How does anyone make some real money at contracting? I just read a job report of a four-year restoration project that occurred in Rome, Italy. It was a project that seemed to be a failure before it even began. In fact, the contractor tried to excuse himself from the bidding.

Knowing that the owner was a potential repeat customer, the contractor couldn't refuse the work. The poor contractor just had to persevere through the numerous problems that seemed to plague the work every step of the way.

First, there was the problem of timing and financing. Despite the grandeur that the project offered, the owner was on a limited budget. To make matters even worse, the owner became involved in several concurrent major endeavors that often took financing away from the Rome job. Despite the lack of payouts, the owner demanded a fast-track endeavor.

Before work could even begin, there was a dispute on scaffold placement. The general contractor suggested drilling out anchor supports in the building's interior wall. This action would have left obvious scars on the final appearance. The contractor didn't want his work scarred for life, so he developed an anchoring system that placed supports over the windows that didn't damage the finished product.

During the winter following the completion of the project's initial phase, water damage and mold occurred. The building's architect performed an inspection and discovered that some of the structural cracks thought to have been repaired had reemerged. There was a brief hiatus as he ordered the placement of additional supports to try and prevent further structural creep. The water penetration seemingly brought acute efflorescence. But even after the water-related problem was solved, salt crystal continued to develop in certain sections of the wall. The continuing problem proved to be hard to diagnose.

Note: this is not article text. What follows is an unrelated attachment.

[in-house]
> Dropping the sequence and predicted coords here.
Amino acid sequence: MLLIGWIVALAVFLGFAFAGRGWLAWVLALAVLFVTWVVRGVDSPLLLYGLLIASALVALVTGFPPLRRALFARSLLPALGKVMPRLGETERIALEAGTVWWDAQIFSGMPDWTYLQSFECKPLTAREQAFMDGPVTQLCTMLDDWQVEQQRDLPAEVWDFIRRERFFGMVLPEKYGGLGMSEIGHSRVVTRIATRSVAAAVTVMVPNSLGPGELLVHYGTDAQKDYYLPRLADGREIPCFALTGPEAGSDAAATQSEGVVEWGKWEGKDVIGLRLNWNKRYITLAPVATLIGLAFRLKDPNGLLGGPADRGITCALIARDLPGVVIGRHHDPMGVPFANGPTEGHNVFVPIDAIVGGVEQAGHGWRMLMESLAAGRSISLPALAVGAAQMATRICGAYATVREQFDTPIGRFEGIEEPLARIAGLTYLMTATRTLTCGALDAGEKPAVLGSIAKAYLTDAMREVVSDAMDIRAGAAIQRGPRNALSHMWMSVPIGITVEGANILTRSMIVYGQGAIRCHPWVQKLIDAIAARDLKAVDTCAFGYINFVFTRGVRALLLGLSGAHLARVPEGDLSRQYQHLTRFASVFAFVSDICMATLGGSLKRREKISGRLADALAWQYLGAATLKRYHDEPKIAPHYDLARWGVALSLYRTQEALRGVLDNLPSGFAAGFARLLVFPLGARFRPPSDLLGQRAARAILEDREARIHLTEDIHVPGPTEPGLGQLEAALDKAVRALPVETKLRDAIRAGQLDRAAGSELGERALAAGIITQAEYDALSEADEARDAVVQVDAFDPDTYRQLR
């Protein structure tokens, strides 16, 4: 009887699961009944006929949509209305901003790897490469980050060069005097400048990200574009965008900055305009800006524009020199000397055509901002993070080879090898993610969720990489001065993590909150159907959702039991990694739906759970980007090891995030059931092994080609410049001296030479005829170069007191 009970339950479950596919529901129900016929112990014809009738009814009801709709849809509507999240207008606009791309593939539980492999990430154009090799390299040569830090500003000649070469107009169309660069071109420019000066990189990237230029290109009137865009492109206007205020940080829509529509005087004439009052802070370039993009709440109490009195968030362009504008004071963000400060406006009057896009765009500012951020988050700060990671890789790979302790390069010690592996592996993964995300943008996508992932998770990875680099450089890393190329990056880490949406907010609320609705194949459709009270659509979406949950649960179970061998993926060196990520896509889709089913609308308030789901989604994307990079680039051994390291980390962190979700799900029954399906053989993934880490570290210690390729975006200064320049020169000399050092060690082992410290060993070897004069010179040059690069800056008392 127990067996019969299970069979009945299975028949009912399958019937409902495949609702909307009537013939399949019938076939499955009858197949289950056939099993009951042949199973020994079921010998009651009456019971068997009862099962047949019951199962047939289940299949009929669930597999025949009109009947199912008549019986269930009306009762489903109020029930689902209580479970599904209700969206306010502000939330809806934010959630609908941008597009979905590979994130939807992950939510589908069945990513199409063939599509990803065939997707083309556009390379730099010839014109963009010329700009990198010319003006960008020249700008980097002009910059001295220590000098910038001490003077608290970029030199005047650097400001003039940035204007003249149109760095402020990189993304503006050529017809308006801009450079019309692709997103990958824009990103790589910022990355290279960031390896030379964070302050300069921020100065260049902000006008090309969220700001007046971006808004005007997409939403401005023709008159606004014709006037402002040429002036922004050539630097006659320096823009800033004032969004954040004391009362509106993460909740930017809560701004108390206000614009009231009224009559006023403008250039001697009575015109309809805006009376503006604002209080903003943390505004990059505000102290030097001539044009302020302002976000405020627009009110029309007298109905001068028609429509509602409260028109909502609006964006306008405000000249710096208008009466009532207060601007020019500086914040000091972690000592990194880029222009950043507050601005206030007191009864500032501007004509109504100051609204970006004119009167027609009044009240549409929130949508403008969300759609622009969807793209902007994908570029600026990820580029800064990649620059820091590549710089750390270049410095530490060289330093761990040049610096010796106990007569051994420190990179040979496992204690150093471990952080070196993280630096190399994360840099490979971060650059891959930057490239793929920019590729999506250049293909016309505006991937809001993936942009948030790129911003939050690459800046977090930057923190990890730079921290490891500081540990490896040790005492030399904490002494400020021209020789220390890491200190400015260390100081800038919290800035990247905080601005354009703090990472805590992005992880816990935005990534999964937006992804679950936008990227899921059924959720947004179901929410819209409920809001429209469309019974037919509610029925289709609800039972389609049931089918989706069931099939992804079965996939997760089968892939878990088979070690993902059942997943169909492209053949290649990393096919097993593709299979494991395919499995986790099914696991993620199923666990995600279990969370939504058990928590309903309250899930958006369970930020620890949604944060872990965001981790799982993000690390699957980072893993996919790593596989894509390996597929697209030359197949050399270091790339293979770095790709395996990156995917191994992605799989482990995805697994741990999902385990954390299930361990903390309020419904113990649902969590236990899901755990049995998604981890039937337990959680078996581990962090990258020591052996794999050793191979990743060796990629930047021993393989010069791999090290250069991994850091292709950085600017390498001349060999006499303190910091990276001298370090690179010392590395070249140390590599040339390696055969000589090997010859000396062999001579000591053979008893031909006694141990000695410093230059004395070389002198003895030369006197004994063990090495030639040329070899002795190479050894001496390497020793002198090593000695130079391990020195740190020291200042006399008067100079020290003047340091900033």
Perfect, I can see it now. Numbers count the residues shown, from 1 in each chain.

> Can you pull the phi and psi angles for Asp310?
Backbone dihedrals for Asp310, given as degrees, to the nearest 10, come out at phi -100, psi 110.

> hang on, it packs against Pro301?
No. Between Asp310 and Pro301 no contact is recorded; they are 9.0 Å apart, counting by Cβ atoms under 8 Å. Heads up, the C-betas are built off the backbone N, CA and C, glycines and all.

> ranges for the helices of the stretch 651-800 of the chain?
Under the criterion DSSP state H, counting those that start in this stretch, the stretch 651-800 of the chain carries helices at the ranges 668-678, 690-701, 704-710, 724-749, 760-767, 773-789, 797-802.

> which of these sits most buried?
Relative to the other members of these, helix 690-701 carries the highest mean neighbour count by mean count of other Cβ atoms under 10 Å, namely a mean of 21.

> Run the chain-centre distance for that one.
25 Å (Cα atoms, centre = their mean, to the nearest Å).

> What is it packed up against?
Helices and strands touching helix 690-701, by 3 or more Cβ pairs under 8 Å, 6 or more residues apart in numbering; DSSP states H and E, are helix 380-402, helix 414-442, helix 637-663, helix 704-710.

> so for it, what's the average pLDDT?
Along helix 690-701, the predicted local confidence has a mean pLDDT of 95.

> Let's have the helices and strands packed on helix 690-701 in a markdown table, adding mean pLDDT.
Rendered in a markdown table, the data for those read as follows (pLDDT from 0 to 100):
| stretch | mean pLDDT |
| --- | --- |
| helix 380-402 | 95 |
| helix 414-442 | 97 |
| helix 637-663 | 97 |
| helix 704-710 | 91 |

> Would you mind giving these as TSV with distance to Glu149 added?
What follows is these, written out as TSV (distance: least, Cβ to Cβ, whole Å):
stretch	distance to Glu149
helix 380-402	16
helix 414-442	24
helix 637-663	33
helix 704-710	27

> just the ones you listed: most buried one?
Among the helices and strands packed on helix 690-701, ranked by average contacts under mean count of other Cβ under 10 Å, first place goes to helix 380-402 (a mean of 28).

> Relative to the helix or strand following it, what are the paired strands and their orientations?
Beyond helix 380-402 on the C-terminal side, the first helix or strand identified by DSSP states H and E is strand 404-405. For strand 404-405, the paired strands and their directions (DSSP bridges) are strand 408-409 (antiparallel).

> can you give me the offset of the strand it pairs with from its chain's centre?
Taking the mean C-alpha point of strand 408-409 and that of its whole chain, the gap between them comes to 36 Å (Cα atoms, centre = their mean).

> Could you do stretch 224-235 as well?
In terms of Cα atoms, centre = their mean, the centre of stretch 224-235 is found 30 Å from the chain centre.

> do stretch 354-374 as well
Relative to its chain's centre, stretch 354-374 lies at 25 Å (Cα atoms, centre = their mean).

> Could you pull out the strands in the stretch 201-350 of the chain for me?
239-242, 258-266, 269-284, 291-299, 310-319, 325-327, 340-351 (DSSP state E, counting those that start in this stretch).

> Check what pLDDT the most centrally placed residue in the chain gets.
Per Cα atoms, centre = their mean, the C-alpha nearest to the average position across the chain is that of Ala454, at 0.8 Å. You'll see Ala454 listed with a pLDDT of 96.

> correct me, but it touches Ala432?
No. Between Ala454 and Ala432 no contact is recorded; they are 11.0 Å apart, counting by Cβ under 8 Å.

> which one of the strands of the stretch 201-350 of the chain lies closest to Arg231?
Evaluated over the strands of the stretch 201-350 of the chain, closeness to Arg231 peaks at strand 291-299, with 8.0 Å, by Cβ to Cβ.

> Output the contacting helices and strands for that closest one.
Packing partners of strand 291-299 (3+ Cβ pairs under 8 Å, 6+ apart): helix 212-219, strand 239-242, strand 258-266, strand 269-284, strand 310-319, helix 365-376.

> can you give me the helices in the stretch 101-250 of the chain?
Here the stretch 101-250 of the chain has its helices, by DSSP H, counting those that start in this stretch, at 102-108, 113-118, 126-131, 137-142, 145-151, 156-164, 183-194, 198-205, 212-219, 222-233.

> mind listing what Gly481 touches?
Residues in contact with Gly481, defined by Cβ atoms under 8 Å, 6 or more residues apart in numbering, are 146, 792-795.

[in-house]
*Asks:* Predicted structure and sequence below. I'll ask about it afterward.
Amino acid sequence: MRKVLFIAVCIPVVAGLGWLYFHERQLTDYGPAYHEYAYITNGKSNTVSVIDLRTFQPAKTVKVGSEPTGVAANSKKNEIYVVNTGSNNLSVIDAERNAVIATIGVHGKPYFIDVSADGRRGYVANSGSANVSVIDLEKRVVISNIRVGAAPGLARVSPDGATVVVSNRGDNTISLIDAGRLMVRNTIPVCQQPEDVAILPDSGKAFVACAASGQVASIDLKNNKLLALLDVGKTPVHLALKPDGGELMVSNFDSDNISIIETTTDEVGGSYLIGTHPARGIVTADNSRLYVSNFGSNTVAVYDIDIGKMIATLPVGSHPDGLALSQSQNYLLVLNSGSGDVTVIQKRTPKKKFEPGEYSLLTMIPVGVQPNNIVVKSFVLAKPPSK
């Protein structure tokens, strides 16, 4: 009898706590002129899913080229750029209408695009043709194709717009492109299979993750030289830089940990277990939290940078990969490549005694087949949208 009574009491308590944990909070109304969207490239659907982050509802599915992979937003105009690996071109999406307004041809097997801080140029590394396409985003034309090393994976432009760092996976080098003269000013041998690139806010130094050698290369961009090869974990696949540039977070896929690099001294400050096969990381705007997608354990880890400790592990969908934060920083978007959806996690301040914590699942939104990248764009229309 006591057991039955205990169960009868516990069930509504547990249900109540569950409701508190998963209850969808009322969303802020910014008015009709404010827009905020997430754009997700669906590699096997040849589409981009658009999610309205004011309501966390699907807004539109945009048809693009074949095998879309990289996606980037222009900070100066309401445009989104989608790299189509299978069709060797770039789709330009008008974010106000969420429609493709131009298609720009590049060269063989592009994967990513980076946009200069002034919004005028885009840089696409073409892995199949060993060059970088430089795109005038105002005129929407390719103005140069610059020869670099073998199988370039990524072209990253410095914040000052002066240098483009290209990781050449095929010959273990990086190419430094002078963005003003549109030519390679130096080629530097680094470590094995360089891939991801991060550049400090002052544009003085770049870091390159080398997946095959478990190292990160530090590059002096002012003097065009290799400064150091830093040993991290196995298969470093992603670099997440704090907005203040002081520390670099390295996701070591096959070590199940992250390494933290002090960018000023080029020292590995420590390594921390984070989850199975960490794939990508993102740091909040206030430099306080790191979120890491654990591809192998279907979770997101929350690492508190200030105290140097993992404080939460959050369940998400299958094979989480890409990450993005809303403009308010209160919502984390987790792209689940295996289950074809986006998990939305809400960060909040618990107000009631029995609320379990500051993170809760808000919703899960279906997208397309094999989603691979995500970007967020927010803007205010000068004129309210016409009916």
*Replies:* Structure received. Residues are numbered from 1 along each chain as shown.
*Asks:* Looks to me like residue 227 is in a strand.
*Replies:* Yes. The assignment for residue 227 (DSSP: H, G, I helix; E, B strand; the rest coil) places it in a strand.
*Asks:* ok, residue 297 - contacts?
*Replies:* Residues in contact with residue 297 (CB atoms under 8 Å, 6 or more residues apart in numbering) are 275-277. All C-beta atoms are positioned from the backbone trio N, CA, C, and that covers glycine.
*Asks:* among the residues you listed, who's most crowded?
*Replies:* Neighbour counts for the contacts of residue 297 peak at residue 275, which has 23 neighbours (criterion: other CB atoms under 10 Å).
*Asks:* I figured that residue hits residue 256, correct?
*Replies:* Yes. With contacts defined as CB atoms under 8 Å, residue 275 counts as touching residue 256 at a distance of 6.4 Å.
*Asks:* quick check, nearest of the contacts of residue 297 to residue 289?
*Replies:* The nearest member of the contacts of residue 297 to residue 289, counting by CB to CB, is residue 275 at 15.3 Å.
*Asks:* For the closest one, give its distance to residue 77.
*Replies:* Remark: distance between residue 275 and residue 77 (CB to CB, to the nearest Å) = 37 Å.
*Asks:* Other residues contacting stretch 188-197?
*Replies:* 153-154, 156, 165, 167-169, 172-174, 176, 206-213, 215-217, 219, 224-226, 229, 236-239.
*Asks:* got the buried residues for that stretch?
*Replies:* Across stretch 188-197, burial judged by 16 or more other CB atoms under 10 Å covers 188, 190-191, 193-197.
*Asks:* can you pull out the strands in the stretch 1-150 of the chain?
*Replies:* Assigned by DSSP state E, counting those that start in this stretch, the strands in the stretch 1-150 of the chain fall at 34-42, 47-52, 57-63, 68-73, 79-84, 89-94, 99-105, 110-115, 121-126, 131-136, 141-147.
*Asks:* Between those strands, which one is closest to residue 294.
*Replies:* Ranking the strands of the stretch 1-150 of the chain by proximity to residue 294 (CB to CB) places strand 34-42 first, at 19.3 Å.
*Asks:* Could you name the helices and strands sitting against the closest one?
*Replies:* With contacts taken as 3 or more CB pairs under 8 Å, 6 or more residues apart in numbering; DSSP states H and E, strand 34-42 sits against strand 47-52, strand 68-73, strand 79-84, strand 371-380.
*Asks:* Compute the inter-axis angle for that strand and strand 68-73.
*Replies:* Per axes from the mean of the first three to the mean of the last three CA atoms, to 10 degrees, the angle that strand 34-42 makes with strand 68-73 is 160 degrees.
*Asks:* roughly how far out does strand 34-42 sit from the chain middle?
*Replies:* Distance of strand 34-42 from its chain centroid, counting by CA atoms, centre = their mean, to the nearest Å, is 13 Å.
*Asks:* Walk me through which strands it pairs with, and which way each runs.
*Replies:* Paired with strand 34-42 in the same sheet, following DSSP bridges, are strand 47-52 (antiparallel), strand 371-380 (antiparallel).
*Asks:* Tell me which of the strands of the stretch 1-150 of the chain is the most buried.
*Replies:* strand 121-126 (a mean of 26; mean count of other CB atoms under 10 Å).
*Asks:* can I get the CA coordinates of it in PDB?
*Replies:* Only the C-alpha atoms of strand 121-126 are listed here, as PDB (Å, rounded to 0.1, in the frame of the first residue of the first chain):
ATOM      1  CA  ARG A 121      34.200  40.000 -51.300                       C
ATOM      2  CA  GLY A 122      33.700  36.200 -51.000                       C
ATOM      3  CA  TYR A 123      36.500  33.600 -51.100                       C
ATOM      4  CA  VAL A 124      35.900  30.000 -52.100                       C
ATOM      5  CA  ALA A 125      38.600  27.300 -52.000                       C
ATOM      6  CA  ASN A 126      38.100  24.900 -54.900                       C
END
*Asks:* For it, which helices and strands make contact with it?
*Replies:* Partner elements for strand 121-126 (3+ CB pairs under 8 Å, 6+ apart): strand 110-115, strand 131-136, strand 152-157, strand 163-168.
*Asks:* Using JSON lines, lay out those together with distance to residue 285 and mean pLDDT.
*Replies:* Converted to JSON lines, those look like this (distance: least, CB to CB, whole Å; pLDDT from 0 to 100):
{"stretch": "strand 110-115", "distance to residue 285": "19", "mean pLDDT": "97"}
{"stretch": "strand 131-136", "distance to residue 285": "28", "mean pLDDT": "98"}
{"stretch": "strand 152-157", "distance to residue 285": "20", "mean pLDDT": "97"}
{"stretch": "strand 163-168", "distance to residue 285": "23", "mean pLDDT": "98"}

A local material expert eventually discovered the cause. The contractor, who was new to the area, had tried to use a standard mix design that had worked well for him on previous projects in his home area. Unfortunately, the mortar mix included lime and sand whose combination had a history of causing efflorescence. Following the material expert's ad-vice, the contractor revised his mix design to include a locally mined pozzelon, which solved the problem.

As the work continued into its third year, a labor dispute developed. The crew that had signed up for the initial phase wanted to go home, citing unfair pay and poor work conditions. The contractor eventually had to hire less experienced workers who gained their expertise from working on the scaffold under the contractor's tutelage.

Fortunately, the project ultimately turned out to be a huge success. In fact, it's become one of the most studied projects of its kind.

I thought of this project when we prepared our feature honoring those contractors who are involved in some of our nation's largest jobs. I'm certain they continue to experience similar problems. Yet, through perseverance, these contractors succeed and position masonry to be one of the most important and respected materials in the construction field.

Many of our top contractors started off bricking homes. So it's fitting that we use this issue to unveil our new Residential Masonry section. Reader research indicated that residential mason contractors represent the largest number of firms in the industry. Their issues vary significantly from those of the larger commercial firms.

MASONRY CONSTRUCTION plans to develop important stories to assist their efforts. We're fortunate to have the help of the Residential Masonry Contractors Association in this endeavor to improve the entire industry.

By the way, if you want to learn more about the masonry restoration project to which I referenced, read Chapters 4 and 5 of Michelangelo and the Pope's Ceiling, written by Ross King. The contractor with all the problems was the great artist, who was hired to repair and create the fresco on the ceiling of the Sistine Chapel in 1508-1512.

The more things change, the more they remain the same.